Why So Many Metaverses, Anyway?

By Stan Peterson
February 25, 2022 Updated February 25, 2022
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Over recent months, metaverse has become a term so ubiquitous that it very nearly claimed the top spot in Collins Dictionary’s word of the year after being pipped to the post by its close cousin, NFT. However, the very idea of a metaverse is somewhat misleading for many newcomers, as the fact it’s often referred to as “the metaverse” implies there’s only one. Even relatively early in the game, already it’s evident that the metaverse is a blanket term applied to many different metaverses.

On the centralized side, there’s the well-profiled effort of Meta to move social networking into the virtual realm, while competitors like Epic, Microsoft, and even now Walmart map out their own metaverse ambitions. In the decentralized world, some metaverse projects have been established for years already, including Decentraland and Somnium Space. However, thanks to the open-source nature of blockchain, many new metaverse projects are emerging each week, fueled by record investment flowing into the space and predictions of a $1 trillion market opportunity

But do we really need so many different metaverses? Isn’t it inevitably going to settle into a situation as we see with social media platforms, where a few of them dominate, and we end up not being able to leave because everyone else is using the same platforms? 

Many Metaverses, Many Opportunities

Thinking about it in these terms may be tempting, but it doesn’t grasp the scale and scope of how the metaverse will be used and the fact that the multi-metaverse is the only model that makes sense. While Facebook is trying to build a metaverse focused on social interactions, many of the decentralized metaverses are games, or more correctly, gaming-centric metaverses. Considered from the gaming angle, it makes sense to have separate metaverses hosting different games. 

Decentraland is perhaps the closest to a virtual world with multiple purposes, although mostly focused on commerce and entertainment, hosting brands like Samsung, Sotheby’s, and Domino’s pizza. In this sense, Decentraland is akin to a kind of virtual mall. 

However, there are other use cases than gaming that could legitimately demand separate metaverses. For example, there are likely to be hugely beneficial applications in telehealth, allowing people to consult with virtual physicians and therapists. But for the obvious reasons of security and confidentiality, such a use case demands a dedicated environment. 

Other applications that could demand a tailored metaverse could be in the educational sector, where e-learning becomes v-learning in a virtual classroom. It may also simply be the case that a celebrity or influencer decides they want to operate their own branded metaverse – imagine a virtual version of Dolly Parton’s Dollywood, accessible to fans all over the world without leaving their homes. 

Launch-Your-Own-Metaverse?

With such demand for different types of metaverses, it was only a matter of time before some enterprising innovator decided to launch a platform for launching metaverses. Serial entrepreneur Ray Lu wants to make the Web3 vision of a decentralized network of metaverses available to anyone who wants it, enabling them to architect their own metaverse with a map, 3D world, games, economics, and governance – all without any technical skills.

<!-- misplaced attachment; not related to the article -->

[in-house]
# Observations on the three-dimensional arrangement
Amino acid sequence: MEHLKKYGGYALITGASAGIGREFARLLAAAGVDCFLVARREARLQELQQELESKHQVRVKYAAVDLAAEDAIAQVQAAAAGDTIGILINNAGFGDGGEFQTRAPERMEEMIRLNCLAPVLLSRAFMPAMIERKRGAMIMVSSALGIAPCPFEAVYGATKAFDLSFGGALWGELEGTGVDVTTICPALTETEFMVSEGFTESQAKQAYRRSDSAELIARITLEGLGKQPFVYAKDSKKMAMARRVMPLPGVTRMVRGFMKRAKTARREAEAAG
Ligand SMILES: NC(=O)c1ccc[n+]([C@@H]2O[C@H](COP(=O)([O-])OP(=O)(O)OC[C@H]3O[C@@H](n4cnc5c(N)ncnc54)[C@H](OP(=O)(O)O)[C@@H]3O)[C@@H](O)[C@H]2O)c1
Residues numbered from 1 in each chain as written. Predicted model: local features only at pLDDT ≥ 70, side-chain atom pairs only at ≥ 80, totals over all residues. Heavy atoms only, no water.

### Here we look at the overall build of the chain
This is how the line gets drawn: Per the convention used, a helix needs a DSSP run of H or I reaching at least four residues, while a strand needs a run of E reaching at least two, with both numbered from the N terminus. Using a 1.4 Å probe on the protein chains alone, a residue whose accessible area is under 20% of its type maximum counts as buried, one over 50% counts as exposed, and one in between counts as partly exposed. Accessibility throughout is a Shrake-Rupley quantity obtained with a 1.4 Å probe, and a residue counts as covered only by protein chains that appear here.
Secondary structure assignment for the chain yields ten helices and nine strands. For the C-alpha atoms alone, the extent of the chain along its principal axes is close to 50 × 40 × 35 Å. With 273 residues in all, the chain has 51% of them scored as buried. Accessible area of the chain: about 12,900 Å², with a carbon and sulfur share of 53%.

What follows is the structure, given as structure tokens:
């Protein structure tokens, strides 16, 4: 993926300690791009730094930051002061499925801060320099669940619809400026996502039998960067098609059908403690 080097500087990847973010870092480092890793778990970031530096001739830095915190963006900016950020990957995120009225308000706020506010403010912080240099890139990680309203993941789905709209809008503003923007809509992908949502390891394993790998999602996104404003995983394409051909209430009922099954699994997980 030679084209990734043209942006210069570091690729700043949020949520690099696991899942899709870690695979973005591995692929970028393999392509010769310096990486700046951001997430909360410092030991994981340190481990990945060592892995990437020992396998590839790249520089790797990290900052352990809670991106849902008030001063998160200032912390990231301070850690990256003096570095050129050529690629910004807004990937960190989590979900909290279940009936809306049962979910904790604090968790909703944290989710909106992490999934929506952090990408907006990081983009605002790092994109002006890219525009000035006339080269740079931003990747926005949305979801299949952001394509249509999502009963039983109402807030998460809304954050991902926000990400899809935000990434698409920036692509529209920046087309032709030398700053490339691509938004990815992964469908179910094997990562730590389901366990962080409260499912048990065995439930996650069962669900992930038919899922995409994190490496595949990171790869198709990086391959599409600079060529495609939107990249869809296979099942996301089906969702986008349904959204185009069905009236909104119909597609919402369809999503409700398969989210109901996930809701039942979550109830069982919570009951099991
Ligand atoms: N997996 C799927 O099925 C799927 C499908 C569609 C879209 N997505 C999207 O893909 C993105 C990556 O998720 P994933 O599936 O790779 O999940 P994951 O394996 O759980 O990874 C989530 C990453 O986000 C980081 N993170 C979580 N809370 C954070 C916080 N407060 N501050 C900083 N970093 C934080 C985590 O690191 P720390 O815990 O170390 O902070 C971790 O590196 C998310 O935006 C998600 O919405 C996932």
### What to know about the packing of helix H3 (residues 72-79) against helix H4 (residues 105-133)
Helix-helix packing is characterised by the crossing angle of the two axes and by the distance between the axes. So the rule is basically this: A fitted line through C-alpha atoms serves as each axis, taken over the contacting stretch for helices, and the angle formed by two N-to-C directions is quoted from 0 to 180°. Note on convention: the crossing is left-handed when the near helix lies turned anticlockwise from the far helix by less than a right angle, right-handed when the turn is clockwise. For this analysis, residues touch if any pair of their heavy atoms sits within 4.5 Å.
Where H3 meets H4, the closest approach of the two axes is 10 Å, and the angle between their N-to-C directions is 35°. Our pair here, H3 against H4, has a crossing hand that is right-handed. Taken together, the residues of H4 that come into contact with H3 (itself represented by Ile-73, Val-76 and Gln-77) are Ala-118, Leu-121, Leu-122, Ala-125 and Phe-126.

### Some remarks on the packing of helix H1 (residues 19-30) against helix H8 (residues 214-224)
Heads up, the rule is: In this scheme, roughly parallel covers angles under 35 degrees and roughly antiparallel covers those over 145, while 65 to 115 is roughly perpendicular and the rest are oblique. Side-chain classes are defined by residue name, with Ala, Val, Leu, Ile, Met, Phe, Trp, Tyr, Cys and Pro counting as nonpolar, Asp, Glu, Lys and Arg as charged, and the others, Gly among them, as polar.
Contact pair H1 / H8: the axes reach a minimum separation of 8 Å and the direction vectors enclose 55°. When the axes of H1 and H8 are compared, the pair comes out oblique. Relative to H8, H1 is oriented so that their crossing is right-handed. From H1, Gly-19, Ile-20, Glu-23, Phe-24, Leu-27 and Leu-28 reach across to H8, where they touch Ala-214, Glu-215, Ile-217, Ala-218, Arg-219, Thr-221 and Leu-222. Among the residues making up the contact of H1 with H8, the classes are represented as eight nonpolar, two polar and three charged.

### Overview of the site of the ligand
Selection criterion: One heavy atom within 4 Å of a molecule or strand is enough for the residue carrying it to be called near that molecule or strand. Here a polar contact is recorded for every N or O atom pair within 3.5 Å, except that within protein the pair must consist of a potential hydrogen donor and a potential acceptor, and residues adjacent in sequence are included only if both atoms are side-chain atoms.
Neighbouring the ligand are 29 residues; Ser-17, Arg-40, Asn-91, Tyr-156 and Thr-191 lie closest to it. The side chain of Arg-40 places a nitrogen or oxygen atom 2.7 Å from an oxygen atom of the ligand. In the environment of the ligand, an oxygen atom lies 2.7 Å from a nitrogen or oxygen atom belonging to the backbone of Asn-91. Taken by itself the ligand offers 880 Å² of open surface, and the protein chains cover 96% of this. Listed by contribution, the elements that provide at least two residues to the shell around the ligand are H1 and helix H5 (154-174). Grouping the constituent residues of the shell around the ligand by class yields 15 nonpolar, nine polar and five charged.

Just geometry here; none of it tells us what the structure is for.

The platform is called Bit.Country and it’s based on Substrate, the blockchain development framework developed for the Polkadot and Kusama ecosystems. It’s currently live as a parachain on the Kusama platform after raising $100 million worth of KSM in its crowdloan. The project has also raised over $40 million from a whitelisted token sale and funding round, which included Animoca Brands and W Ventures as backers. 

Bit.Country’s Multi-Metaverse

In the Bit.Country ecosystem, a metaverse is a sovereign virtual world with its own landscape and governance. The metaverse operators can decide on the rules and policies for joining, including defining the parameters of any community-based governance. Owners could also choose to make a metaverse closed to non-members. 

Each metaverse is split into land blocks, which can be further subdivided into land units that are independently ownable and tradeable. The metaverse can also operate its own token with utility in the metaverse itself, paying for services and assets, but also to act as a governance token.

Aside from its impressive funding history, Bit.Country has also made several notable achievements. It has been chosen as the metaverse platform for launching Kaosland, which has a ready-made user base of 26,000. It’s also a participant of the 2021 Cohort of the Berkeley Blockchain Xcelerator and a recipient of a Web3 Foundation Open Grant. 

In the end, the question of “do we need many metaverses?” will end up becoming more like the question of “do we need so many websites?” The limitless applications of metaverses means that there’s no way one size can possibly fit all. As such, the multi-metaverse is here to stay.

Being an active participant in the Blockchain world, I always look forward to engage with opportunities where I could share my love towards digital transformation.
The presented content may include the personal opinion of the author and is subject to market condition. Do your market research before investing in cryptocurrencies. The author or the publication does not hold any responsibility for your personal financial loss.

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